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Prometheus Produces World’s First Commercial LNG from Landfill Gas; Targeted for Public Transit Fuel

26 January 2007

Prometheus LFG to LNG plant at Bowerman Landfill. Click to enlarge.

Prometheus Energy Company has begun producing liquefied natural gas (LNG) from the world’s first landfill gas-to-LNG plant. The plant was installed in late 2006 at the Frank R. Bowerman Landfill in Orange County, California. The entire output of the plant will be used as an alternative fuel in public transport vehicles in the Orange County Transit Authority fleet.

The Bowerman Landfill currently flares enough landfill gas to make approximately 40,000 gallons of LNG per day, and this amount is increasing each year. The current plant, which has production capacity of 5,000 gallons per day, is the first of three phases planned to be built at the landfill.

On 20 January 2007, the plant produced LNG at the rate of 1,000 gallons per day. As the commissioning process continues, the company expects the plant’s operations to approach its nameplate capacity of 5,000 gallons per day.

At a production level of 5,000 gallons per day, the project will reduce carbon dioxide output by the equivalent of 10,000 tons per year.

Prometheus LFG LNG system. Click to enlarge.

While the basic technologies and processes for the production of LNG are well established, Prometheus has focused on integrating and packaging them into a compact format for small-scale liquefaction. Prometheus’ process design incorporates a systematic approach to purification of LFG prior to and while cooling and liquefying the feed gas mixture. The process also uses a novel method to reject N2 from the LNG. The optimal recapture of work and thermal energy increases the overall thermal efficiency of the system while minimizing its capital costs, according to the company.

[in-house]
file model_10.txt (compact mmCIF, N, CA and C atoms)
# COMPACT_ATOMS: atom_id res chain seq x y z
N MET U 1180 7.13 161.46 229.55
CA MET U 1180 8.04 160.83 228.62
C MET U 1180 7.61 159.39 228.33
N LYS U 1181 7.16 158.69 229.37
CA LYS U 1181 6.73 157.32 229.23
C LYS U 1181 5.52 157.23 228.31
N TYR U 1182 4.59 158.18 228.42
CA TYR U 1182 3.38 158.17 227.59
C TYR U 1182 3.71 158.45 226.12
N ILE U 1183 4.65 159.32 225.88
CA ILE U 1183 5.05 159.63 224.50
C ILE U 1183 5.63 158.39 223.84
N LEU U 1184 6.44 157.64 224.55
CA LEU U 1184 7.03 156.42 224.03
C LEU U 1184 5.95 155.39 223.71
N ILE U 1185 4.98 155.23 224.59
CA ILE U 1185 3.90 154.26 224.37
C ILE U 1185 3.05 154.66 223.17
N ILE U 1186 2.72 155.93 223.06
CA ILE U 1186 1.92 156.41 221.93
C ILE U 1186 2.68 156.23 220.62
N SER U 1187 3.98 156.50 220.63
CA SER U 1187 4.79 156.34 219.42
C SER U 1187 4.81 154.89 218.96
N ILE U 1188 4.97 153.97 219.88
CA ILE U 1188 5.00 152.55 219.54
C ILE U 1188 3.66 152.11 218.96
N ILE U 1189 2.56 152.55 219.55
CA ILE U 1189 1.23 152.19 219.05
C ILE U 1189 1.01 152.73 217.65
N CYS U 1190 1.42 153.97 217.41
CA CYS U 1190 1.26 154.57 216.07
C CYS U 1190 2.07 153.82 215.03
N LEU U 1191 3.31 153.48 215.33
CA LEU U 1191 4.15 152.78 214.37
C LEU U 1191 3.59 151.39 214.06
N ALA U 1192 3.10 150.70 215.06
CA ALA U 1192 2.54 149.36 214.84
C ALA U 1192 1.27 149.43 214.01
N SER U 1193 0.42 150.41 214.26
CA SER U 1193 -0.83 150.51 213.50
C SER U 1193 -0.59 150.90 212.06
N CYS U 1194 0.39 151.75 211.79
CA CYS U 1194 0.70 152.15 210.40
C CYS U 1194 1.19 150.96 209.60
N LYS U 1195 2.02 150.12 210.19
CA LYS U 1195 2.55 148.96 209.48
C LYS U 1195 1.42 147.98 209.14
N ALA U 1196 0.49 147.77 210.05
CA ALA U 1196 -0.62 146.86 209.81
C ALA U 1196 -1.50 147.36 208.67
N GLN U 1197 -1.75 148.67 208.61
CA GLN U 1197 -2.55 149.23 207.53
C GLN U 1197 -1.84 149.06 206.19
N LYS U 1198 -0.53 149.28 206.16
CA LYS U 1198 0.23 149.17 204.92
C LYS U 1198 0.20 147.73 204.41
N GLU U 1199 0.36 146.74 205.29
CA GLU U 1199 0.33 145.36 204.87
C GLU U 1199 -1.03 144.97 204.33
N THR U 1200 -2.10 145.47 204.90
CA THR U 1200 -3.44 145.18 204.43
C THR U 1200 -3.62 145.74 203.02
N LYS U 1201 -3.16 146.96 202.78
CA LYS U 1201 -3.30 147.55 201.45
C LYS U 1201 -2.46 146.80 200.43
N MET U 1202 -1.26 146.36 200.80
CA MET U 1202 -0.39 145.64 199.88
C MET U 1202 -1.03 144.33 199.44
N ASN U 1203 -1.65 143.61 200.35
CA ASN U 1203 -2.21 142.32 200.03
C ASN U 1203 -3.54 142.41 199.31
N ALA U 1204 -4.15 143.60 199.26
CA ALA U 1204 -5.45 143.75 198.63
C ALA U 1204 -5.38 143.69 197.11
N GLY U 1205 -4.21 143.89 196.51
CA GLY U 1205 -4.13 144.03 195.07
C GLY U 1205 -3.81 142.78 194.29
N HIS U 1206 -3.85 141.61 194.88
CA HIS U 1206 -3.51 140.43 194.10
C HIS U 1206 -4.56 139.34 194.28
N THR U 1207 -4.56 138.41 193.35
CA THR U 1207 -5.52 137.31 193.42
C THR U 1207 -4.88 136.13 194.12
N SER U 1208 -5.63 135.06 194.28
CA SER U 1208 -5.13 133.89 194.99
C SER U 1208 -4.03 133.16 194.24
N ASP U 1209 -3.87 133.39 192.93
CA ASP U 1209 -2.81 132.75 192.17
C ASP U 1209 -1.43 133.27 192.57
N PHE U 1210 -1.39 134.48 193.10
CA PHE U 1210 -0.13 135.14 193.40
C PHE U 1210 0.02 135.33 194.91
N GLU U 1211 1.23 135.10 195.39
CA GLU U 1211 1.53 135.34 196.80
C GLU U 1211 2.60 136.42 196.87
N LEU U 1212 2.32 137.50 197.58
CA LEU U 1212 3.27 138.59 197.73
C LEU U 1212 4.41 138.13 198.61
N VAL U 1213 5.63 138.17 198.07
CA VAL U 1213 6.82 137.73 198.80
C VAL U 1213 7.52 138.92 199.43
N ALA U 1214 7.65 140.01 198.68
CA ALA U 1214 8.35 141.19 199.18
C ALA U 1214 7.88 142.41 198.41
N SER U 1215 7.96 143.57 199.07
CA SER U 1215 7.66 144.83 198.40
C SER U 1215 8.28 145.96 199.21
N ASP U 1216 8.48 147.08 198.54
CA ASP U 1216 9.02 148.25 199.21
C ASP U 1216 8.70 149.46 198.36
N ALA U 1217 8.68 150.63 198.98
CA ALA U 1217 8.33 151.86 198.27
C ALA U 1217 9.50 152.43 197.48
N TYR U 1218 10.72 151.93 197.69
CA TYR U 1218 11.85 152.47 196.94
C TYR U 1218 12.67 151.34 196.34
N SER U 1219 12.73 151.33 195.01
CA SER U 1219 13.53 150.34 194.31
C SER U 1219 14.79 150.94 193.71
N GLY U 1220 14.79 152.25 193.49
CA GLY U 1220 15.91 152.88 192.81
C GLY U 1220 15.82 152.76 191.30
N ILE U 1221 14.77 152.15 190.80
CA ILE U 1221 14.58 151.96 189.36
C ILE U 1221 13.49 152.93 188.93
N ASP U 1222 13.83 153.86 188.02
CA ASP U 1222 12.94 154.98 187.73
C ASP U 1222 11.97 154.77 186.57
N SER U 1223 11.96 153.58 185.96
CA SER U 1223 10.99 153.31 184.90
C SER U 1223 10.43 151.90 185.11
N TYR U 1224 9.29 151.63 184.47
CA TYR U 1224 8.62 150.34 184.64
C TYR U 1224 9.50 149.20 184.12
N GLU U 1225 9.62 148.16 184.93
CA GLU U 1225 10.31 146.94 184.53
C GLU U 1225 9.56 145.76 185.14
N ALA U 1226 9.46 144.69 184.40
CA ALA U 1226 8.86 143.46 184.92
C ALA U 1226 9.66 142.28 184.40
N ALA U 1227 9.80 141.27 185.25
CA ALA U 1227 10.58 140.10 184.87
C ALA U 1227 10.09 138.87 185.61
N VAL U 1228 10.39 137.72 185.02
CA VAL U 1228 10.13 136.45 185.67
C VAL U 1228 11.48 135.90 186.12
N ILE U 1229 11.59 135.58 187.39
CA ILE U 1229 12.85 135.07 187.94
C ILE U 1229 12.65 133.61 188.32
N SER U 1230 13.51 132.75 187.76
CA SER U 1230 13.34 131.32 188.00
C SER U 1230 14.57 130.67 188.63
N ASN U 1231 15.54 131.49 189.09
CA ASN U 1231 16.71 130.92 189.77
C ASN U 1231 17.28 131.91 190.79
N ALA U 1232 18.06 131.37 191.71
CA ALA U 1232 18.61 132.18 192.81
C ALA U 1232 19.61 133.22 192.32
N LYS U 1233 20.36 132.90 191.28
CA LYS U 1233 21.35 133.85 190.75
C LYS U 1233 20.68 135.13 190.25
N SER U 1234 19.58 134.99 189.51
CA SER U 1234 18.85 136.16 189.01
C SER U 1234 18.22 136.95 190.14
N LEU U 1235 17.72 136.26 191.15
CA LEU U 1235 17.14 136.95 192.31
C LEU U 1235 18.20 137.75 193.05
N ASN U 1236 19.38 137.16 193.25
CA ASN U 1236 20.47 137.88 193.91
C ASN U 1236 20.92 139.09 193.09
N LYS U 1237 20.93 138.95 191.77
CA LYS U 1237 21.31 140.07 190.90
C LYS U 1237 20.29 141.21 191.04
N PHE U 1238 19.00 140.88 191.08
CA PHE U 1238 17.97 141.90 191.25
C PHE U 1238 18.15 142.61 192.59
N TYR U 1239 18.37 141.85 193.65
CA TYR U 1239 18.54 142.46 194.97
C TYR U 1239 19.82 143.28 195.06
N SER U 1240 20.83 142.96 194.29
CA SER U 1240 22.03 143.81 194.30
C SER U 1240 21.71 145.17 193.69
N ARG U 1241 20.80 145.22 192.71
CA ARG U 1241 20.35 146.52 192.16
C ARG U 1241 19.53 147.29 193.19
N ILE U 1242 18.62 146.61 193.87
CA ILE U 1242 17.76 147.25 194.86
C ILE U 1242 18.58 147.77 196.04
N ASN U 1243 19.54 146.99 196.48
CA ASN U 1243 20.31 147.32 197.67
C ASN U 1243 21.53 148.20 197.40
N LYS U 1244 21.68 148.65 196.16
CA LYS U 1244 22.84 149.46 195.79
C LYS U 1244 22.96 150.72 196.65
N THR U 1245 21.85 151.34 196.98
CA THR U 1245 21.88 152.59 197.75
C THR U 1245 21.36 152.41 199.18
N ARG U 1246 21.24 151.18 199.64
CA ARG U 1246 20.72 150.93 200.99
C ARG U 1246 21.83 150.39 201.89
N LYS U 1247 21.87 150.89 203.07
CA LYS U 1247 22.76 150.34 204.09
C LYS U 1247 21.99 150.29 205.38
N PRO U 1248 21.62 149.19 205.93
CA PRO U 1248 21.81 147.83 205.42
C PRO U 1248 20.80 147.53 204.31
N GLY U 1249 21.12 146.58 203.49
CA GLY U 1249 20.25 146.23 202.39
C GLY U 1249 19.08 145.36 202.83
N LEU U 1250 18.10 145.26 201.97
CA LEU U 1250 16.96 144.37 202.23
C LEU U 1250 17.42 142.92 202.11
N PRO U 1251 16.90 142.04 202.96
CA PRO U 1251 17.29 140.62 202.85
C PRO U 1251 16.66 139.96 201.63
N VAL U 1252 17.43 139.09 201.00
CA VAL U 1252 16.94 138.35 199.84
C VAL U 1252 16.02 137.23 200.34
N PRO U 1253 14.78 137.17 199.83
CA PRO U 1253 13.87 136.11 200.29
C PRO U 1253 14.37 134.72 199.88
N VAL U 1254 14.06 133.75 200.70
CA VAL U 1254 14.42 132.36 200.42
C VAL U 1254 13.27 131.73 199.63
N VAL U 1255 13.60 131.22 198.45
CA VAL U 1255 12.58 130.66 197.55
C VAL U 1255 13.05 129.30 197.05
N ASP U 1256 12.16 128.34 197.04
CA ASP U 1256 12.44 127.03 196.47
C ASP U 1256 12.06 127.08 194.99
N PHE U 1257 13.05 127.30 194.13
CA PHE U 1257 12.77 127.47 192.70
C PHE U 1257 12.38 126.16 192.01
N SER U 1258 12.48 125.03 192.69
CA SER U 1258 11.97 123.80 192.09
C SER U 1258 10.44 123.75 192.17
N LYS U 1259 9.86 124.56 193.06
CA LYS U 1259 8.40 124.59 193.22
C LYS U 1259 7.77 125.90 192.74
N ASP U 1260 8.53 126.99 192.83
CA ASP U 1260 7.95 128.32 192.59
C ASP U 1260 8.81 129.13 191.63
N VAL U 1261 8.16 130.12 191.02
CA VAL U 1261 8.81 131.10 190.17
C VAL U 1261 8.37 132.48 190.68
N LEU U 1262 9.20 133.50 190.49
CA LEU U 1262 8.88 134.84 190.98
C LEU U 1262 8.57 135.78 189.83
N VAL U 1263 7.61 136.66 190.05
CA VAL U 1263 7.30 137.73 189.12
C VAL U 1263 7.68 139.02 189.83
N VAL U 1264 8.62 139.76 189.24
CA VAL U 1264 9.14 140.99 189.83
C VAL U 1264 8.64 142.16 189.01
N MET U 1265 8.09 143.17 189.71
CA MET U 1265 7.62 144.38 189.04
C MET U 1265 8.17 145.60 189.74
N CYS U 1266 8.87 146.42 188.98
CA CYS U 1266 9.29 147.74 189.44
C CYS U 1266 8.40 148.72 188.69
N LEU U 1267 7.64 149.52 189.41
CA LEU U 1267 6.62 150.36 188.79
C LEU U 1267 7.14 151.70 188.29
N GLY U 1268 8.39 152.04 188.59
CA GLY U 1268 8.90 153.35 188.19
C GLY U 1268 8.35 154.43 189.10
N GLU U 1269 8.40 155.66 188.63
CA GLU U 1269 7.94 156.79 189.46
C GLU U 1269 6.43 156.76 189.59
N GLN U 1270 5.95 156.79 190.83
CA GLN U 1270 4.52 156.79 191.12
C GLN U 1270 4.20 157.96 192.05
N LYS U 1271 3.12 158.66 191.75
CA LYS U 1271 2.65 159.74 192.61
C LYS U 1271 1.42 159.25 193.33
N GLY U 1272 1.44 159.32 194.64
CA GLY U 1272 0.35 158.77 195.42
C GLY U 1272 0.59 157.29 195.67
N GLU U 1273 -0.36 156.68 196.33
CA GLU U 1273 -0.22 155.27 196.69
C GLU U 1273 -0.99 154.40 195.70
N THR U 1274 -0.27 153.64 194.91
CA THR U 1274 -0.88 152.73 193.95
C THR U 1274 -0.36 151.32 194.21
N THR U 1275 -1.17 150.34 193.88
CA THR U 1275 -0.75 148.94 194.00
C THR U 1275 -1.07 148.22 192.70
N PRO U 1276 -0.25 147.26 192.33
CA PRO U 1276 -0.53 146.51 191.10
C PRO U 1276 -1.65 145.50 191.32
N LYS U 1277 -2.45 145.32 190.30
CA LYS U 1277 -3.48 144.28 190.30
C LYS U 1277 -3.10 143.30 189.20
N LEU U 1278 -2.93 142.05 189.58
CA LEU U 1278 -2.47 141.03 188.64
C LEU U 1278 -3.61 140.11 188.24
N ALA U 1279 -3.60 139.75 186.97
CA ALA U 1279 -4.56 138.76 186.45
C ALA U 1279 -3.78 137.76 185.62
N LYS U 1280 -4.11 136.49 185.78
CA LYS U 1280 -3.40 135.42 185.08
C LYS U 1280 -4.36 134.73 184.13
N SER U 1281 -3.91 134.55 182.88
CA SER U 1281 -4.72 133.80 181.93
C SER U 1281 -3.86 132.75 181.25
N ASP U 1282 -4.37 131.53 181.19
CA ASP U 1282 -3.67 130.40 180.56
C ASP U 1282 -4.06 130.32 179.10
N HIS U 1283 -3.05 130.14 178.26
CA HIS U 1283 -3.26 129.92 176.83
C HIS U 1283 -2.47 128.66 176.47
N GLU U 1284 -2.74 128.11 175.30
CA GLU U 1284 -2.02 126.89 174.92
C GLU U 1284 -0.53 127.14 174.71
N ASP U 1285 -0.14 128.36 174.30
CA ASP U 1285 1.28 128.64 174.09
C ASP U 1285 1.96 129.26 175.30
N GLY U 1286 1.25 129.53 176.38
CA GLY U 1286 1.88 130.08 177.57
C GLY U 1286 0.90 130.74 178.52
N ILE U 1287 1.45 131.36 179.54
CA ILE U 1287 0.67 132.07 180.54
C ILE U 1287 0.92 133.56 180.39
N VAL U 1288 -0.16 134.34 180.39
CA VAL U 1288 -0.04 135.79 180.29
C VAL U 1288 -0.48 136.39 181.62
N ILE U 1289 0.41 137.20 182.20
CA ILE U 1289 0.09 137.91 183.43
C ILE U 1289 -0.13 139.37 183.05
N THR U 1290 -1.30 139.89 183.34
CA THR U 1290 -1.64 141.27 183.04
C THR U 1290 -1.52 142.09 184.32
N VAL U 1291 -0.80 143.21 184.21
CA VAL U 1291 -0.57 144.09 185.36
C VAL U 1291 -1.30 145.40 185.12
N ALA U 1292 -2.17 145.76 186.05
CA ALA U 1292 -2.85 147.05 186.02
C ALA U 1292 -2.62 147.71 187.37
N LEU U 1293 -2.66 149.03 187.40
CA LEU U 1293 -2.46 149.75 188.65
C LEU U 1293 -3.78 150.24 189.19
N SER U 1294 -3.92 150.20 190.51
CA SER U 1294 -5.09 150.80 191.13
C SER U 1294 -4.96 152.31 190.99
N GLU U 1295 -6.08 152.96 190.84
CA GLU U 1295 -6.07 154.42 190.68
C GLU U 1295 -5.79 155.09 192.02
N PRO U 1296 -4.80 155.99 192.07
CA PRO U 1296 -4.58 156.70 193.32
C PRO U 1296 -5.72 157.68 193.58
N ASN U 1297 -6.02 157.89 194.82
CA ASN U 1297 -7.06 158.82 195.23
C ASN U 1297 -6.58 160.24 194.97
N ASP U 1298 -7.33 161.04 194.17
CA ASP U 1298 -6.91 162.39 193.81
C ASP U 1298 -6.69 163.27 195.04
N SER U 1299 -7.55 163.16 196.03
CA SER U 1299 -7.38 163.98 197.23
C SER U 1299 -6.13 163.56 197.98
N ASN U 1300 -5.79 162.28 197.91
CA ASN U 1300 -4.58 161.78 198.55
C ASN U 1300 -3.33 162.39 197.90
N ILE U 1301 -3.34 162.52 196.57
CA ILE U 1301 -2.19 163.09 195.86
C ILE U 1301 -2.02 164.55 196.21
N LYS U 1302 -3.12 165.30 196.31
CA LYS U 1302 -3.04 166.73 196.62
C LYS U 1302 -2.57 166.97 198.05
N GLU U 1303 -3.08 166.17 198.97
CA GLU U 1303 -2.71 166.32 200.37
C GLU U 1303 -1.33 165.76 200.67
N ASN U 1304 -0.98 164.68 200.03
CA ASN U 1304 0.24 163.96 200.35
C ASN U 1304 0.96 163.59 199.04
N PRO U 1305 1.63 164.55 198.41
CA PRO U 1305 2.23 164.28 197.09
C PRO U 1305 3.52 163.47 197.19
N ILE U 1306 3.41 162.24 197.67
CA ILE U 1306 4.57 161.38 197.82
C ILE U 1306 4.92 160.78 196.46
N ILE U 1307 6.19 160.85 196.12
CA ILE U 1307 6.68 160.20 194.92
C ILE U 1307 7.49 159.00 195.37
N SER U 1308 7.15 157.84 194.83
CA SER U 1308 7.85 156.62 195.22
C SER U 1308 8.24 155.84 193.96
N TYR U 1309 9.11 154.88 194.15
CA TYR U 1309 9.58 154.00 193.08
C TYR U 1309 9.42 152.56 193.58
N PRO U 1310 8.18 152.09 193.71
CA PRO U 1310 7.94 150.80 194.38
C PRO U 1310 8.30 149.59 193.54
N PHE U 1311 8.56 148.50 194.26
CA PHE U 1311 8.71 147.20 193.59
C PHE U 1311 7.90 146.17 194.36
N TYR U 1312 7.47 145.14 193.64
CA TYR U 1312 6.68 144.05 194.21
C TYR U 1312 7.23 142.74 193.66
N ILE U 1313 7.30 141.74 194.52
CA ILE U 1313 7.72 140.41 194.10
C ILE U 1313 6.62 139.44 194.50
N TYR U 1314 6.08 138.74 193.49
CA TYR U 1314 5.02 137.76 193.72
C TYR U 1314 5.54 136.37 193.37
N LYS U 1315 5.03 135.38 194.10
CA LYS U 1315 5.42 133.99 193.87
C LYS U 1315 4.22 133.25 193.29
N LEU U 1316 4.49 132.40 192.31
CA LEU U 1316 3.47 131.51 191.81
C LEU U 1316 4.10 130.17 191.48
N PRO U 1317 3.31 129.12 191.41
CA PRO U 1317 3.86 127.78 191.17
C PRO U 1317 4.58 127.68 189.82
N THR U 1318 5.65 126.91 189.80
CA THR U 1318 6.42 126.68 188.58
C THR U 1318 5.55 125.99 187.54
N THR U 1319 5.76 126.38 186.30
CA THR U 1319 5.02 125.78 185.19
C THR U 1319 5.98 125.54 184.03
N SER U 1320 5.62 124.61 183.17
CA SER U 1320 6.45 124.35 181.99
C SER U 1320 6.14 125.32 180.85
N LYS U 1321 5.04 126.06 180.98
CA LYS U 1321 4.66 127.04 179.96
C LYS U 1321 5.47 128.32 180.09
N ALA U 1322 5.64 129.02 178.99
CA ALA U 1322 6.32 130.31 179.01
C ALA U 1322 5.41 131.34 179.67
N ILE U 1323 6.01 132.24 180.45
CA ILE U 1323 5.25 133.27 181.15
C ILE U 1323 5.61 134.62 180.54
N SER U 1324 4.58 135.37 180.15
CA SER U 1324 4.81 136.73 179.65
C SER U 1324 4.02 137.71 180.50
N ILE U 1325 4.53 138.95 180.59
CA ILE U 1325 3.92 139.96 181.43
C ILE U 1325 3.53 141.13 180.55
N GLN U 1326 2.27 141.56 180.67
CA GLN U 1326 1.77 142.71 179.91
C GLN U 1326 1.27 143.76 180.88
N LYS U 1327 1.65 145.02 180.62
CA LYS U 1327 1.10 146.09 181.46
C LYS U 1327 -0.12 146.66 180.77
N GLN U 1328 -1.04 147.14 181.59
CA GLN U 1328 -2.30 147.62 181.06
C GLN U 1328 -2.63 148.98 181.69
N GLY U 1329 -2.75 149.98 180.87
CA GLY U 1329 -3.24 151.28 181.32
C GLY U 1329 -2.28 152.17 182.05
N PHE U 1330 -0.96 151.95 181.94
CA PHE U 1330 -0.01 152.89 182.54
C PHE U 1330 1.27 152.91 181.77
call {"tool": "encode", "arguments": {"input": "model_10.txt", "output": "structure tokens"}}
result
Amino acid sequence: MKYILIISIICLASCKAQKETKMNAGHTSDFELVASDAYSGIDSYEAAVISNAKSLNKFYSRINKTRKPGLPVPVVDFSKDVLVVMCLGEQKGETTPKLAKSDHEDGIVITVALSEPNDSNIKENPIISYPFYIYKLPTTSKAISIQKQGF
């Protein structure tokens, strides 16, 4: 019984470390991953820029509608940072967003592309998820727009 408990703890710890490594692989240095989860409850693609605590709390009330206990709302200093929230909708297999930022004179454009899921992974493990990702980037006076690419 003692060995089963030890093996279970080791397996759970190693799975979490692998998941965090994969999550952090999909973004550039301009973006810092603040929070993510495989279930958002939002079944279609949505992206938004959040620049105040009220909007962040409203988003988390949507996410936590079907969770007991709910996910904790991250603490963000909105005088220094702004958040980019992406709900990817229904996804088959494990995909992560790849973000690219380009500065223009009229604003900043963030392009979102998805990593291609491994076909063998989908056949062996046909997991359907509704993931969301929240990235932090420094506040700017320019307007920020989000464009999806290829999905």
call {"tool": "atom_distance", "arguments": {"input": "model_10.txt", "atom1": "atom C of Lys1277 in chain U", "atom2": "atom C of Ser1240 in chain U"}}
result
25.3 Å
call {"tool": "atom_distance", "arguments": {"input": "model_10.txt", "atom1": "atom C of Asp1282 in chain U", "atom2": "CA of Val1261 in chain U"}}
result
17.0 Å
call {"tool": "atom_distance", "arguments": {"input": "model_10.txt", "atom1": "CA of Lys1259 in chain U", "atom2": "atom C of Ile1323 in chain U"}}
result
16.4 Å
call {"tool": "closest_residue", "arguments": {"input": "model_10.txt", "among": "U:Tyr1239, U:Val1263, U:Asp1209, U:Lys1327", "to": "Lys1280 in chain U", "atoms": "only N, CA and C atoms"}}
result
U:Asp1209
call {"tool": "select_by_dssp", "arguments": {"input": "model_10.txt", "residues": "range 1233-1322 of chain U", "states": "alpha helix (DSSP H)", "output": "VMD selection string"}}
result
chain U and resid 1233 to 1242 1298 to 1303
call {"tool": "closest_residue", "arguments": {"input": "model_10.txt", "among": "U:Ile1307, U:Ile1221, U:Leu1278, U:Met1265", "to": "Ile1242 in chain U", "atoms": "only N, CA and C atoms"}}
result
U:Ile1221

To compress, purify and cool the biomethane, Prometheus uses a modular approach. The Prometheus landfill gas system consists of the following:

  • Pre-Purification Module to remove corrosive sulfur compounds, low concentrations (parts per million) of non-methane-organic compounds (NMOCs) including siloxanes, and water from the LFG process stream and also compresses the LFG from ~2 psig to ~50 psig or more as required.

  • Bulk Carbon Dioxide (CO2) Purification Module to further purify the LFG process stream by removing CO2 using a proprietary cryogenic freezing technique that simultaneously pre-cools the methane (CH4) and any nitrogen (N2) while freezing out the CO2.

  • Combined Liquefaction and Post-Purification Module to liquefy the purified LFG and enhance the concentration of CH4 in the LNG by dynamic flash evaporation of the N2. The N2 rejection steps in the process reduce the N2 concentration to less than 3% in the LNG.

  • Refrigeration Module to provide the cooling to the process stream in the purification and liquefaction modules. The refrigeration system is a closed loop system that uses a separate refrigerant and therefore remains immune from process stream variations. Careful use of the cryogenic refrigerant allows maximum pre-cooling of the LFG process stream in stages—an important feature for increasing the thermodynamic efficiency of the overall purification and liquefaction.

  • Instrumentation and Controls Module to manage the entire LFG-to-LNG system. Once installed and configured, the system can be operated and managed remotely.

Together with three other projects, two in California and one in Poland, the company is working on developments with an estimated capacity of 65,000 gallons of LNG per day. In Poland, Prometheus has joined with the Polish company CETUS Energetyka Gazowa to form LNG Silesia to take advantage of coal mine methane opportunities in southern Poland and the emerging alternative energy markets present there.